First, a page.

'This Week' Transcript: Crisis in Egypt

WILL: Well, the worst case is for us to assume that we can master these events. Beginning in the fall of 2001, when we easily toppled the Taliban, and March 2003, when we easily toppled Saddam Hussein's regime, since those two events, we have been learning the hard lesson -- or at least being taught, whether we've learned it or not's another matter -- that it's easier to set in train events and to bring down regimes than it is to fashion a replacement for them. So we should have great modesty about the ability of the United States to influence events far around the world in cultures we do not understand.

TAPPER: And what do you think, Martha? What are you -- what are you going to be watching going forward? And what are you worried about?

RADDATZ: Well, I think the one thing that we forget is, this -- this really is a dialogue between -- and the angst in the White House -- is, it's national security or human rights and democracy? And you've got to talk about national security, because that is really the important thing here to -- to Americans.

Egypt has helped fight terrorism in that region. They are the anchor for the U.S. in that region. And one other thing we haven't really talked about or thought about is that, at the end of this year, U.S. troops are supposed to all be out of Iraq, so that region has a degree of instability there already which could be worse by the end of the year.

So they -- they need Egypt. They need the support of Egypt. I agree that perhaps it'll be an even more stable situation. Perhaps who you get in there will be remarkable. But the U.S. counts on the support from Egypt, counts on the support to counter everything else in that region.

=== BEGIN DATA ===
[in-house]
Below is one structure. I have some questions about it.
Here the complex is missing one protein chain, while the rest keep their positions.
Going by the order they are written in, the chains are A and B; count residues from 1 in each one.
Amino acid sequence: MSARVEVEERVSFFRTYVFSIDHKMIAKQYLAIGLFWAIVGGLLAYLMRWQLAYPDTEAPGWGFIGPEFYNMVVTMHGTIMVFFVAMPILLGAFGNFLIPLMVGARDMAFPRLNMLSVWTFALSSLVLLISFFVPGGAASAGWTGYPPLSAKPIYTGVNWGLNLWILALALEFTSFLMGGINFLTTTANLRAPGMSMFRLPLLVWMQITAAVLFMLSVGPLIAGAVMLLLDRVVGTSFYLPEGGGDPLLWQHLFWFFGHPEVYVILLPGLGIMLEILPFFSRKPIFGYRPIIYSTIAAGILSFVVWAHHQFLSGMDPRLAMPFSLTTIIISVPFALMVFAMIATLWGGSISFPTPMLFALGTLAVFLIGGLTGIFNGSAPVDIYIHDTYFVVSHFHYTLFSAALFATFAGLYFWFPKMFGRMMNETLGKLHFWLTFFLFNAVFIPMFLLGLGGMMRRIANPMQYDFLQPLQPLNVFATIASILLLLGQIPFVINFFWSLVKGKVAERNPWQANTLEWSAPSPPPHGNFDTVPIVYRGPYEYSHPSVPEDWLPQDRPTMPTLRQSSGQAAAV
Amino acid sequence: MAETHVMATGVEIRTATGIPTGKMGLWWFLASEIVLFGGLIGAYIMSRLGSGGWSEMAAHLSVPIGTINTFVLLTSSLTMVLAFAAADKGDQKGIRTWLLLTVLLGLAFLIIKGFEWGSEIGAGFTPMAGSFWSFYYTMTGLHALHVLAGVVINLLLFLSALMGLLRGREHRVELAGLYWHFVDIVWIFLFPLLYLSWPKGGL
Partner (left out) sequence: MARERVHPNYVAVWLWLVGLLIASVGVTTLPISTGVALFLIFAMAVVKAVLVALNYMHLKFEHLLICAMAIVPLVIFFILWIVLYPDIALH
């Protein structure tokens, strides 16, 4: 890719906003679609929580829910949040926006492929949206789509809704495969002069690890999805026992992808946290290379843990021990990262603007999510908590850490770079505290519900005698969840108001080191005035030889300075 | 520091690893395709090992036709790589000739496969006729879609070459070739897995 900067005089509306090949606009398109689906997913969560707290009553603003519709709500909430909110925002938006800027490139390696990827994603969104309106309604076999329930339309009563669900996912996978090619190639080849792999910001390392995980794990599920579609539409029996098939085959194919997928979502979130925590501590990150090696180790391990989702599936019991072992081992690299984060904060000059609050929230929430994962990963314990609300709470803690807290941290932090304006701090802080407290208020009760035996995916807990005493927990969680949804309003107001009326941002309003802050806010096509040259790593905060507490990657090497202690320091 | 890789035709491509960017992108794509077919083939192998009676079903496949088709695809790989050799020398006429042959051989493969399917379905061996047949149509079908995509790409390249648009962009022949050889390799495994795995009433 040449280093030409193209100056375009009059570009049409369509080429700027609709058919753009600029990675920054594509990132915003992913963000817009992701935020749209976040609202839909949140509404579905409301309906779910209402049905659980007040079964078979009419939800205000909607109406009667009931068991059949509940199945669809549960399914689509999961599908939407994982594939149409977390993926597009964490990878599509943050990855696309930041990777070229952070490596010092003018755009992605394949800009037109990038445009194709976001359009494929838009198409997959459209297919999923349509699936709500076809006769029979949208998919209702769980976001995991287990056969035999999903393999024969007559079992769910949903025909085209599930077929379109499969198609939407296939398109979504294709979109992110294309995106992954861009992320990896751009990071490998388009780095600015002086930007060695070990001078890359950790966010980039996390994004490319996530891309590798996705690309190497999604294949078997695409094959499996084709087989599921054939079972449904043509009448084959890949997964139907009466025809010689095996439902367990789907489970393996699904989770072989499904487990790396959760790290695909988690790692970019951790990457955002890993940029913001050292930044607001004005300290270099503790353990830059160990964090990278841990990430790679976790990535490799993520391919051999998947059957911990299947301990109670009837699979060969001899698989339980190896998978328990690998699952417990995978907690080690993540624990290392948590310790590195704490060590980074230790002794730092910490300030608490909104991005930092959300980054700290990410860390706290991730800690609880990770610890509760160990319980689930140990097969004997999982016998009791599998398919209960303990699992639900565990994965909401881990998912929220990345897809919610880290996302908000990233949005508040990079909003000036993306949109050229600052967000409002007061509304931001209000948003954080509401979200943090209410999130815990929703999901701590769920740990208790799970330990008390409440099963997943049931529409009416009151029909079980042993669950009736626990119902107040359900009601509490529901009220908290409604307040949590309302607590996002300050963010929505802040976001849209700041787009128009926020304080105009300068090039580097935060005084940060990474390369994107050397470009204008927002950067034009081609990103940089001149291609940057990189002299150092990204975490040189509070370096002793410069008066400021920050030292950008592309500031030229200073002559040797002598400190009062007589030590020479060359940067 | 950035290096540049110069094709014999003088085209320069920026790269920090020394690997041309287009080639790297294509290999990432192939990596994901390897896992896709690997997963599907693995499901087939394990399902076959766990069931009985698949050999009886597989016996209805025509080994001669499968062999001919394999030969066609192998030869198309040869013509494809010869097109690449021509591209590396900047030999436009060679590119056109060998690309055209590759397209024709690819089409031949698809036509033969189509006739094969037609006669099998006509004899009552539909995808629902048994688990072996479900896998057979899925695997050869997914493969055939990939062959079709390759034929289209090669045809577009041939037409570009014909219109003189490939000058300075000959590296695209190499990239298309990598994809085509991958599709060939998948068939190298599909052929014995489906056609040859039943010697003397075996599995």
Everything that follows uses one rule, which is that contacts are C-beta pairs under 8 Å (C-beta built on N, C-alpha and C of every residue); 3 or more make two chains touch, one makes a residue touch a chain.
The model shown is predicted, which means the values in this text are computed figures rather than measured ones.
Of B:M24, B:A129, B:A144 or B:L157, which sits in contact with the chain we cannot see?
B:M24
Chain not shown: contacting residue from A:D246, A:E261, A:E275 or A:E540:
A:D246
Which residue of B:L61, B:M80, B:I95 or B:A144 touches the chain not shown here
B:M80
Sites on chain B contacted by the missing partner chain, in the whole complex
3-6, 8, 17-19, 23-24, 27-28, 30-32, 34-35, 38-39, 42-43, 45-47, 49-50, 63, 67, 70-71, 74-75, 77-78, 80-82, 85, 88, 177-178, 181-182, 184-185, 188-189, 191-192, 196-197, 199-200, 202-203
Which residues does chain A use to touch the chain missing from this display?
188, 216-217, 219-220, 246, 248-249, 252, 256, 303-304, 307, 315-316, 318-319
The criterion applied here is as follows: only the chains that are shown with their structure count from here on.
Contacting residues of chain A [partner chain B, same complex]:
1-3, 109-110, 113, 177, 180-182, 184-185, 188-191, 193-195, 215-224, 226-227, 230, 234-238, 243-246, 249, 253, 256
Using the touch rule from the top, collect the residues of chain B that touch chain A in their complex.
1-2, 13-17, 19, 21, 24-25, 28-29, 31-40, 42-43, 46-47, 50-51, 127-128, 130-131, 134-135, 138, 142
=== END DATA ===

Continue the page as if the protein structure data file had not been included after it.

TAPPER: And just to remind our views, it's not just counterterrorism. Egypt has been allied with the United States when it comes to Iran's nuclear program...

RADDATZ: Radical Islamists.

TAPPER: ... radical Islamists...

RADDATZ: Absolutely.

TAPPER: ... when it comes to recognizing the new Iraqi government, when it comes to the Mideast peace process. Sam, you were saying you're concerned that the new government might not recognize the peace treaty it has with Israel that Anwar Sadat gave his life for.

DONALDSON: Well, I watched Jimmy Carter help these two leaders, Menachem Begin and Anwar Sadat, put together this historic peace -- it kept the peace. Egypt is still the most powerful of all of the military nations in the Arab world. It's kept the peace.

If that should somehow unravel because of events in Cairo, the whole region would be the poorer for it. But I think the lesson that everyone here has talked about, we're not saying that we should put American interests for oil or any other -- of -- above the people of Egypt.

We hope that democracy -- and we hope that it will work out there, but we do have to, as Martha put it, pay attention to that. In 1954, we created the nation of South Vietnam. That didn't work out. The Vietnamese wanted to live together. They do today, and we have perfect relations with North and South Vietnam, which is one country.

RADDATZ: And as smarty-pants as we all try to be, we have no idea. I mean, this is a situation where you've got social media thrown in there. You've got a country that's uniting in ways we've never seen before. So you really have to wonder what's going to happen. We don't know. The administration didn't know. That's why we've had these few days of back-and-forth, and what do we say?

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